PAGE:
Our program — which was planned entirely by a team of students — began on the edge of Paris, visiting Mont-Valérien, where German forces shot over 1,000 of the 4,000 French resistance members that they executed during the war. We spent several days in Lyon and the French Alps, which were centers of French resistance and German reprisals. We heard presentations at Montluc Prison, where the Germans held suspected resistance fighters and Jews while awaiting interrogation or transfer. Some were executed within the prison complex, while most of the others were deported to Nazi concentration camps. We traveled to the Plateau des Glières near the Swiss border, a mountainous redoubt where weapons and supplies for the growing local resistance movement were dropped by parachute. A determined German assault in early 1944 retook the plateau, and almost 150 resistance fighters were killed or deported. We spent a gut-wrenching afternoon in the same region at Maison d’Izieu, a refuge for Jewish children where the infamous Nazi SS officer Klaus Barbie seized and interrogated 44 children and seven adult guardians before dispatching them to concentration camps, where only one adult survived. We also visited museums dedicated to the resistance and to France’s role in the Holocaust. At every stop, we heard powerful presentations from students and faculty portraying occupiers, collaborators, bystanders, and victims.

The subject and nature of this staff ride made it strikingly unconventional. Every day was incredibly intense and frequently disturbing, full of horror and tragedy broken by only occasional glimmers of hope. As we travelled between sites and discussed our experiences over dinner each night, we began to process some of the lessons of this harrowing period of French history. And as we did so, we gradually began to draw some bigger lessons about human behavior under intense pressure — lessons that have powerful applicability today and well into the future. To be absolutely clear: We are not suggesting that life in the United States today somehow resembles life during France’s Nazi occupation. But we did find that many lessons of that terrible and turbulent time remain far more relevant to the many disruptions and dilemmas emerging in today’s complex and fast-changing world than we had initially expected.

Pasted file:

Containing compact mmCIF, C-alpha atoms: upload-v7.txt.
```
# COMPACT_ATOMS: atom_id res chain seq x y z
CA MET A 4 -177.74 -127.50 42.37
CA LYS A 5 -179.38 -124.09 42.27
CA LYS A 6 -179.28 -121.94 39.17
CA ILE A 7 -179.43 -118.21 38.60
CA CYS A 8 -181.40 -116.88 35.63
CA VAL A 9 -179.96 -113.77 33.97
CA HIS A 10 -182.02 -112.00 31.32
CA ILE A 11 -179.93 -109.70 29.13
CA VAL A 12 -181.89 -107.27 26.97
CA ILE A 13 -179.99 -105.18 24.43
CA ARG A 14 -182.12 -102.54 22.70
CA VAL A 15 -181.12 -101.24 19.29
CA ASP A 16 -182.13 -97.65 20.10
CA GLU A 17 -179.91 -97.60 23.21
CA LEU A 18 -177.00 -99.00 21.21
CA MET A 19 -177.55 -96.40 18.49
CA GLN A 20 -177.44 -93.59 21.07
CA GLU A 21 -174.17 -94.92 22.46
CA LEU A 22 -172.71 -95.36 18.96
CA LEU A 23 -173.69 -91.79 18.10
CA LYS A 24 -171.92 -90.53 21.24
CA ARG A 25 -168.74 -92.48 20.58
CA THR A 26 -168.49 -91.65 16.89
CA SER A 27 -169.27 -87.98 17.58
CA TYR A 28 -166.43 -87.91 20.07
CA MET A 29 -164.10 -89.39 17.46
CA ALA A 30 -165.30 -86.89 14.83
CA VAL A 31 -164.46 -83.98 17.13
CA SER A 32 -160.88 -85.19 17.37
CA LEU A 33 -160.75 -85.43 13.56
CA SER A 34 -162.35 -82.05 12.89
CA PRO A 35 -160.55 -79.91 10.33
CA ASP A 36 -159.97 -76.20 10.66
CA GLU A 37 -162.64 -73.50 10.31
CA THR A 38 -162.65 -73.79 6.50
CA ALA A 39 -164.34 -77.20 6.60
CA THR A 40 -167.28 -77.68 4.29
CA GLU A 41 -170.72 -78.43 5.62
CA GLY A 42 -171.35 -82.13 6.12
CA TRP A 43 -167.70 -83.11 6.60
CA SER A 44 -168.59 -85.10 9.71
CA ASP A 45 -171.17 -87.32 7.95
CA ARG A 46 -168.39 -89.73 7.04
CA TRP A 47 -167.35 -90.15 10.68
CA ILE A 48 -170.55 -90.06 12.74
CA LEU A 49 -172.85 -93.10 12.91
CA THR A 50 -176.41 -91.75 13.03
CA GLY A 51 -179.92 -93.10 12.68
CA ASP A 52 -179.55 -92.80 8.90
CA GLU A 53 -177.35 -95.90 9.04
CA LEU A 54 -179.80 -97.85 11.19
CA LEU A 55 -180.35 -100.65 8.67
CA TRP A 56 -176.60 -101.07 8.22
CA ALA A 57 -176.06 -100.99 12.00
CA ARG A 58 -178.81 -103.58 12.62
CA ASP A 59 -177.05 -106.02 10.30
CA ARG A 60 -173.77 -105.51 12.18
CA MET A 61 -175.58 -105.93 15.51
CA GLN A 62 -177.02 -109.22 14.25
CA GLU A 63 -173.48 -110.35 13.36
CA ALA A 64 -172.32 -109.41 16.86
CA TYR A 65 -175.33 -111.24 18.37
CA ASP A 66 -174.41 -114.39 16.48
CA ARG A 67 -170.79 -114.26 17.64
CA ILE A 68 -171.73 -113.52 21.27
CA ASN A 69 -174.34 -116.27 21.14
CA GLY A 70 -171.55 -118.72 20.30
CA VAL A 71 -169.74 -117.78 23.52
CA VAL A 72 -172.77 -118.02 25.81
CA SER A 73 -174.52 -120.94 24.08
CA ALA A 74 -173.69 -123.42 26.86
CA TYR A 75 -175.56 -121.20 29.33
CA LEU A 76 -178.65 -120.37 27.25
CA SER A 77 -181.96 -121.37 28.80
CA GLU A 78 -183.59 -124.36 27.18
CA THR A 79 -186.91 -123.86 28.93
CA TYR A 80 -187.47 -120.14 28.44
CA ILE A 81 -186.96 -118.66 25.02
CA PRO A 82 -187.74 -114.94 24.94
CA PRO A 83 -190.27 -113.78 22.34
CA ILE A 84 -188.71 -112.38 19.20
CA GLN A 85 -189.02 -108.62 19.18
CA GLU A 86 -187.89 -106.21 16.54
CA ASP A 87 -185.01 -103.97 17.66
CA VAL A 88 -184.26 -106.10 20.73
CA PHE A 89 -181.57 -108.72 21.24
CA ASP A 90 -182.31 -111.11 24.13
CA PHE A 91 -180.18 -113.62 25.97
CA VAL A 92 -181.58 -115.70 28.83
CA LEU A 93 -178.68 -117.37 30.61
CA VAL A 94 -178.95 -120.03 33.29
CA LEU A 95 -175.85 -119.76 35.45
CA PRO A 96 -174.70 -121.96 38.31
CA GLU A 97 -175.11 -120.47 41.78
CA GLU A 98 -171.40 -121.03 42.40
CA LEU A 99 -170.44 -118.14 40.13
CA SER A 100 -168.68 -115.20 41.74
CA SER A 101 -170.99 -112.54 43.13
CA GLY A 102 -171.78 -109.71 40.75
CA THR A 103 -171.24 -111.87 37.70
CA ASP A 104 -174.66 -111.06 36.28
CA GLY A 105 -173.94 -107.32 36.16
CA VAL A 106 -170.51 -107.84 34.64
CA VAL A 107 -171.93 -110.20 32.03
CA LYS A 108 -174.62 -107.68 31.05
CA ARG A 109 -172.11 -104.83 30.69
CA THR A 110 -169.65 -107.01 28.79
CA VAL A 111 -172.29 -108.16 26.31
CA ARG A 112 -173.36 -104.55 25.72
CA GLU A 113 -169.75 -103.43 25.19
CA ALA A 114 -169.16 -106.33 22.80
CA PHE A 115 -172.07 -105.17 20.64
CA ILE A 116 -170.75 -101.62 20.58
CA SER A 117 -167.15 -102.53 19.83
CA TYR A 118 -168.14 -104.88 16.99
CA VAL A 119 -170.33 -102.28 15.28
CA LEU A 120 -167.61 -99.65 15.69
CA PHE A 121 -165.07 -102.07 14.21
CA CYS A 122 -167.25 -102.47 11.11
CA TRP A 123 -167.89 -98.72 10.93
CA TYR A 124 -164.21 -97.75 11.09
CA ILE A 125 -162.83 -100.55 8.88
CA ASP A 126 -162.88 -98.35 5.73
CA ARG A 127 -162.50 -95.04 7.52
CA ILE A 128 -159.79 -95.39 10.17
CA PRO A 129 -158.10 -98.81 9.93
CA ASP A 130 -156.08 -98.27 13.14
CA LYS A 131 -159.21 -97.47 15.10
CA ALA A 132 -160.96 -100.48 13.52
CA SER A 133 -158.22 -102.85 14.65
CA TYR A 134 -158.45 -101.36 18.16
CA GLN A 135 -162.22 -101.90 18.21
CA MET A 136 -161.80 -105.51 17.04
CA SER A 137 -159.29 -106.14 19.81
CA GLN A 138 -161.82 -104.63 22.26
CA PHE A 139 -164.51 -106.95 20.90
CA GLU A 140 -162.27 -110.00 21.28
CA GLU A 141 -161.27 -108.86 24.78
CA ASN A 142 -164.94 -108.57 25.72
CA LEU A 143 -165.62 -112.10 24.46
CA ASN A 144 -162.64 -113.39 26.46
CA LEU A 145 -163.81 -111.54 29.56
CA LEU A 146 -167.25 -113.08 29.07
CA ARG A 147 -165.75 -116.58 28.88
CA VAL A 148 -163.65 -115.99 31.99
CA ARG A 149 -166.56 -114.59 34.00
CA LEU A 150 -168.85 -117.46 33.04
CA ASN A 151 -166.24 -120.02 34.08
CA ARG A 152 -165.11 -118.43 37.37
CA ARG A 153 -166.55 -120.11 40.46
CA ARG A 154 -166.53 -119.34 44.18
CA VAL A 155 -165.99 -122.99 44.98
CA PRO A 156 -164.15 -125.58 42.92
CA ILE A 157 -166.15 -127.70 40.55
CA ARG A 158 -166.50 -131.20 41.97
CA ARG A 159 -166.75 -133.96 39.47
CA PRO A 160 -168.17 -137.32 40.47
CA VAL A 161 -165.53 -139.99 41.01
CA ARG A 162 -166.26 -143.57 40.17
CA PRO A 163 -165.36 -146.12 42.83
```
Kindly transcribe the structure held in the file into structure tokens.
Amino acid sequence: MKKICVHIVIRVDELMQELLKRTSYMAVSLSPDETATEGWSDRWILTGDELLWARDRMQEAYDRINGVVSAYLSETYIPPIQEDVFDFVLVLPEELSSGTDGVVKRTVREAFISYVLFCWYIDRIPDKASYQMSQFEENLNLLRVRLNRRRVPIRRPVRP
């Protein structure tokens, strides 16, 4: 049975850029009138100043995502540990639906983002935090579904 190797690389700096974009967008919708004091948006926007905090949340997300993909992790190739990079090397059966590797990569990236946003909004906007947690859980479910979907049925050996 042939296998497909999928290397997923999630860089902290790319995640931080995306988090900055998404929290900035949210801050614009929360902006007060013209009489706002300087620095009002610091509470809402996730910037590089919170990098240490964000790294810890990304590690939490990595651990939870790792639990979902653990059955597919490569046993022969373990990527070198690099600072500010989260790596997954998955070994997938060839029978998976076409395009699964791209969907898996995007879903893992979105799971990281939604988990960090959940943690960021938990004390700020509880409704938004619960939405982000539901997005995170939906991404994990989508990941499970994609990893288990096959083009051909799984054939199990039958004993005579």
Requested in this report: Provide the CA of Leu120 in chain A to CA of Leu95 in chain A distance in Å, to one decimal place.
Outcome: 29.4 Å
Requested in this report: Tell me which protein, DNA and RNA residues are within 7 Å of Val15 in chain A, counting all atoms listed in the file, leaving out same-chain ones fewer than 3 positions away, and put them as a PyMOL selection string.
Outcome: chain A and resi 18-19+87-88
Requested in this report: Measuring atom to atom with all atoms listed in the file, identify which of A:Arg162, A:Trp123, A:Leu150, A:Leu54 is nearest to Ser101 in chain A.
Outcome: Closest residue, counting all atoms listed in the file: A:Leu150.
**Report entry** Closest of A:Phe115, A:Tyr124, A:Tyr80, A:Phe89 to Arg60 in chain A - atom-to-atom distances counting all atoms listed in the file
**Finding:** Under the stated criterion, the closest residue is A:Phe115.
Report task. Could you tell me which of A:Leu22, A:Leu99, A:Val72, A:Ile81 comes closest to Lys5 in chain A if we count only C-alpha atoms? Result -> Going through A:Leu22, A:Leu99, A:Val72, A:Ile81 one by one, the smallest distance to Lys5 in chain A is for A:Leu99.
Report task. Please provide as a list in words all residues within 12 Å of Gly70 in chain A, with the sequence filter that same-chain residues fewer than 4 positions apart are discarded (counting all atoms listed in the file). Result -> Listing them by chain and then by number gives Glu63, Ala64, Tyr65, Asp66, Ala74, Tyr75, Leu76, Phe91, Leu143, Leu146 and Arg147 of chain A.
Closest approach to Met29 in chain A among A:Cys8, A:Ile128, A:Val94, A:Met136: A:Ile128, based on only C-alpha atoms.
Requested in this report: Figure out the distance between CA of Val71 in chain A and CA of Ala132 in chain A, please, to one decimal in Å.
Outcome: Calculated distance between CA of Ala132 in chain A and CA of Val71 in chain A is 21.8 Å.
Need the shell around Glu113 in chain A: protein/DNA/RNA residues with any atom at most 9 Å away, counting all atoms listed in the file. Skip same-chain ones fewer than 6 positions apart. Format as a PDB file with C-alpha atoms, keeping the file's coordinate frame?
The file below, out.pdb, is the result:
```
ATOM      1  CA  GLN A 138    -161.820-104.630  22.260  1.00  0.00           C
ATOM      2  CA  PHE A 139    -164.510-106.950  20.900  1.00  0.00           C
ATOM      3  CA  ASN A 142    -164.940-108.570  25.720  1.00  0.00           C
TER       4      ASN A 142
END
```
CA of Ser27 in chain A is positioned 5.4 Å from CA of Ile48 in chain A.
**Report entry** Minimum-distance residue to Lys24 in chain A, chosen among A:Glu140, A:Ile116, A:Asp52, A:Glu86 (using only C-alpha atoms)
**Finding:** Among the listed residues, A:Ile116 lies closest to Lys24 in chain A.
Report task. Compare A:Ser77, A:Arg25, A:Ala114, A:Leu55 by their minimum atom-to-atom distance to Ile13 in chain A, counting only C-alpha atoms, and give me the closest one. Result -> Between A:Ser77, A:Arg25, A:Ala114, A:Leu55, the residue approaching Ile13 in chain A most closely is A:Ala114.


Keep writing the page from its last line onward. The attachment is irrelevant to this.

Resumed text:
What did we learn?

Deeply divided societies are vulnerable to authoritarianism and appeals for order. France entered World War II deeply fragmented across political, social, and economic lines. The French were also profoundly war-weary from their staggering losses of soldiers and civilians in World War I, a Pyrrhic victory which severely eroded their national will to fight another major war. After the sudden and unexpected collapse of their army in 1940, many in France simply longed for order and predictability. Cooperation with the German and Vichy authorities seemed the easiest path to normalcy for many French citizens, and some even welcomed the first weeks and months of the occupation as a way to restore stability to their daily lives.